I know it isn’t done to review an event like this and I have no intention of doing so. But I do feel that a concert that meant so much to so many people should be reported.
Sarah Morgan died, suddenly but not unexpectedly, on 14th September 2013. In her last days she laboured to complete her doctoral thesis under the watchful eyes of her friends and her doctorate was awarded posthumously. That was the sort of her person she was. It transpires that the idea for a memorial event was discussed before she died and Sarah even made a list of the people she wanted to appear. It was thought by some – those who had given up singing seriously several years ago – that this was Sarah’s last little joke but not one person refused the invitation to appear. It fell to Sarah’s final musical partners, Moira Craig and Carolyn Robson to make the idea a reality on April 13th at Winchester Guildhall.
The Community Choir movement, with which Sarah was so heavily involved in recent years was represented by five groups: choirs from Winchester, Alton and Petersfield, The Spotlight Singers and The Andover Museum Loft Singers. I believe Sarah founded three of these and their repertoires included songs that Sarah arranged, published and sometimes wrote tunes for.
Friends old and new filled the bill. From the past we heard Val Higson, a member of Curate’s Egg alongside Sarah way back in the 1970s and Sheila March, formerly of Bread And Roses, Sarah’s first all-female group. Representing the younger generation was Susannah Starling who proved what a remarkable accompanying instrument the double bass can be. From America came Mary Eagle who first came here thirty years ago and captured everyone’s heart and her friend and fellow Appalachian singer Joe Penland. Sarah’s musical connections covered a lot of ground.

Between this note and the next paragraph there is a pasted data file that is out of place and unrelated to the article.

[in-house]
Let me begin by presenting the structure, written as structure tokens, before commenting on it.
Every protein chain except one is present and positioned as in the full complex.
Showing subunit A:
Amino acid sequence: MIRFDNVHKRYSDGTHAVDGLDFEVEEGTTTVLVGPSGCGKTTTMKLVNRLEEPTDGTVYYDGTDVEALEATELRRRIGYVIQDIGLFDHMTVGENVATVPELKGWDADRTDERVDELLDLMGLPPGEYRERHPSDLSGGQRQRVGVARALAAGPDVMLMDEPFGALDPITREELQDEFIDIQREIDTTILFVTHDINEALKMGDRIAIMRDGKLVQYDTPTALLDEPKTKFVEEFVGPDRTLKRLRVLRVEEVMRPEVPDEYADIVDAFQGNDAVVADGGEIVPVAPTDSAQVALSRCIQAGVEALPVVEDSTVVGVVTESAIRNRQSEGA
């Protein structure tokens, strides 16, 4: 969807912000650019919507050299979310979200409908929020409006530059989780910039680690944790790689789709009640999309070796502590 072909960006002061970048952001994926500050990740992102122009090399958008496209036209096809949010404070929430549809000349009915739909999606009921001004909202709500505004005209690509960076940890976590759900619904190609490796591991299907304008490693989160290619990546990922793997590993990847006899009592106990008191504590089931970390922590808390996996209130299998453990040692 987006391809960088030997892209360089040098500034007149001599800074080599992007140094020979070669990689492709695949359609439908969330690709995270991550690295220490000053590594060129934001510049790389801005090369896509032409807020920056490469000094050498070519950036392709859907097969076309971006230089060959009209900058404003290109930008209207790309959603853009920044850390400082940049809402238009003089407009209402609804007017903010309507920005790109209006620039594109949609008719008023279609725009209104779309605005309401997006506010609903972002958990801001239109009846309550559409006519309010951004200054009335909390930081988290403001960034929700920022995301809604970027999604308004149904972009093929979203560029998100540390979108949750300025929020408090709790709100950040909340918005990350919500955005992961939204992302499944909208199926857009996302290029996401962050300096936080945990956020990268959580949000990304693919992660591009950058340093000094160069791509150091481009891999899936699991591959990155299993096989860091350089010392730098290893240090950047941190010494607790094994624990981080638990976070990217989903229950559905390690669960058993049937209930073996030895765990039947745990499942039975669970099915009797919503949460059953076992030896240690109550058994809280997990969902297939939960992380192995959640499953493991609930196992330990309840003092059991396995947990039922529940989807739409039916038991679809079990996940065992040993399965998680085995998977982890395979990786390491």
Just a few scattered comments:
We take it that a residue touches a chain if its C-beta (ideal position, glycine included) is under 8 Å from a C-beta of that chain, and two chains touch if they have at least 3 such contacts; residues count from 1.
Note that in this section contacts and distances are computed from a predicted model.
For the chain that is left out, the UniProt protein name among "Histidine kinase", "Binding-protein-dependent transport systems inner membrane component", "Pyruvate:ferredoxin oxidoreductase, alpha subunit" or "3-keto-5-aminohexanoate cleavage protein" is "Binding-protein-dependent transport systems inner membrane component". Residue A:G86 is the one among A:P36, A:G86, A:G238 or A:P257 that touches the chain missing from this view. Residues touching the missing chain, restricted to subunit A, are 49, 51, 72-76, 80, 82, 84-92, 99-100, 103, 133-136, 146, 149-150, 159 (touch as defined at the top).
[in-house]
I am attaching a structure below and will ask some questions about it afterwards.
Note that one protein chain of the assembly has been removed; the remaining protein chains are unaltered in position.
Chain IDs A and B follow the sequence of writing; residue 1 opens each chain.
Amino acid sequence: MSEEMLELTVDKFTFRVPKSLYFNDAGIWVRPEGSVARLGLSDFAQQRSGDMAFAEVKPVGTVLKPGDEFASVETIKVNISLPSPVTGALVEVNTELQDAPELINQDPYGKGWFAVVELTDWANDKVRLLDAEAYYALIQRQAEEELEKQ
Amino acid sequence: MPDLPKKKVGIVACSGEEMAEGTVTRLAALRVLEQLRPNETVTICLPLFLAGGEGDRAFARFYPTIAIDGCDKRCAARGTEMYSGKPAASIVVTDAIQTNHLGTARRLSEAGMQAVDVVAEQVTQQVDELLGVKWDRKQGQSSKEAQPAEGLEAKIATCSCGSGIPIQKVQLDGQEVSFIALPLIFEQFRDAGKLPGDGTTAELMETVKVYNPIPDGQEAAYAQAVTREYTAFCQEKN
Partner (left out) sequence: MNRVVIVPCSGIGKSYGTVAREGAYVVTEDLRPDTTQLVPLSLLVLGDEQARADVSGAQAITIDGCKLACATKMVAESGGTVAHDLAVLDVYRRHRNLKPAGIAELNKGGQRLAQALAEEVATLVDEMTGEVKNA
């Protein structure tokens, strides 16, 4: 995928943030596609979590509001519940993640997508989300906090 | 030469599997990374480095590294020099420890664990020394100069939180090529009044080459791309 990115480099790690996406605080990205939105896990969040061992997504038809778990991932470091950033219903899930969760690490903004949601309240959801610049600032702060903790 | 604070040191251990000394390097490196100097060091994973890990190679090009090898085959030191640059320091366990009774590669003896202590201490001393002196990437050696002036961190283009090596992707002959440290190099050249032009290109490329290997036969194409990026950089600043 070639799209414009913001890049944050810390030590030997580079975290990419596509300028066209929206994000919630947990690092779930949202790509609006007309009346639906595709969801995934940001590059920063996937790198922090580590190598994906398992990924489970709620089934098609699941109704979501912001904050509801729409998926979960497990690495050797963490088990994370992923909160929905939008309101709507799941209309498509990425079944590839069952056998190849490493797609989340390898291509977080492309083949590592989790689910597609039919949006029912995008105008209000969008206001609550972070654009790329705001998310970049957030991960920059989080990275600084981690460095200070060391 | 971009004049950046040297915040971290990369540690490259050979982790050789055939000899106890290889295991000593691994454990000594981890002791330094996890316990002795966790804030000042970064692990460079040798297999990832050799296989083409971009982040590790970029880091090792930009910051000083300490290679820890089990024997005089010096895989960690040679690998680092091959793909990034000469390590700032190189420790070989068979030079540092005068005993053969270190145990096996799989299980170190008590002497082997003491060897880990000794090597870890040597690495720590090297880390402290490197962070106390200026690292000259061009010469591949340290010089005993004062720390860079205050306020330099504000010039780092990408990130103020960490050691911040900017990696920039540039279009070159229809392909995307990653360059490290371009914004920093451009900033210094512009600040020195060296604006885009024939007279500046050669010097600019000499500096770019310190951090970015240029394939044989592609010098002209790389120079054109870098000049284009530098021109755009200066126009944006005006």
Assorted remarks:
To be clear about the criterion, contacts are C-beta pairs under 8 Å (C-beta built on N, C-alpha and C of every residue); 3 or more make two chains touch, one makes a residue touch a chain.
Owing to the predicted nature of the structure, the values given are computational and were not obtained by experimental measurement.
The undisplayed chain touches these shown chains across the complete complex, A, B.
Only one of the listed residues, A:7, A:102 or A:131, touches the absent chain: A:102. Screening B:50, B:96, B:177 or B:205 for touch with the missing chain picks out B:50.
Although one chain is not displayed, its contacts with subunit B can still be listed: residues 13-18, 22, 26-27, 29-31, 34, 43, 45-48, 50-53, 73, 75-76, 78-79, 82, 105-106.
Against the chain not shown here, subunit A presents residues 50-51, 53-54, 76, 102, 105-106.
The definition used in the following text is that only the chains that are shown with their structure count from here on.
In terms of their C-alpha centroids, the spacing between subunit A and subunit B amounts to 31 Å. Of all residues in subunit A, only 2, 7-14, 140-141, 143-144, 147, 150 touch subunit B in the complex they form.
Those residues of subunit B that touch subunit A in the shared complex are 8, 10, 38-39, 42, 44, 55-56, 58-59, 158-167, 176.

Major names who travelled across the country for their ten or fifteen minutes on stage included Lester Simpson, John Kirkpatrick, The Askew Sisters, Ron Taylor, Jeff Gillett, Eddie Upton and Grace Notes. Mary Humphreys & Anahata, Mick Ryan, Tom & Barbara Brown and Doug Bailey didn’t have quite so far to travel and neither did Belshazzar’s Feast who closed their set and the concert proper with ‘Home Lads Home’ – words by Cecily Fox Smith and music by Sarah Morgan.
No memorial is over without a big finish and ‘Only Remembered’, also sung at Sarah’s funeral, had become a sort of theme. “Only remembered, only remembered, only remembered for what we have done.” Sarah did so much.
The historic Guildhall in Leicester, currently next door to the highly prominent Richard III museum, played host to folk trio Faustus on Friday 26th April. A magnificent setting and deserved sell out as Faustus is made up of 3 superbly talented singer/songwriter musicians, 2 of which are well known in Bellowhead. A rare treat when they are able to fit in a tour as Faustus due to other commitments, it was a real pleasure to be there.
Comprising of mandolin and acoustic guitar, fret board wizard Benji Kirkpatrick has played with amongst others – The Oysterband, Seth Lakeman Band, Eliza Carthy and Cara Dillon and is a member of highly acclaimed and multi award winning Bellowhead. Paul Sartin, another member of Bellowhead, and founder of Dr Faustus and Belshazzar’s Feast, has impressive theory and studying credentials behind him, including a 1st in his Masters Degree studying Traditional Music. He plays a might fine Oboe, sings in various choirs and apparently is a stand up comic too! Saul Rose is one of the finest melodeon players in the country and was spotted by Eliza Carthy in the early 90’s. Saul is very involved with traditional music and has played the melodeon for most of his life. He spent most of 2011 in Warhorse which was playing in the West End. He has worked with an impressive list of prominent people.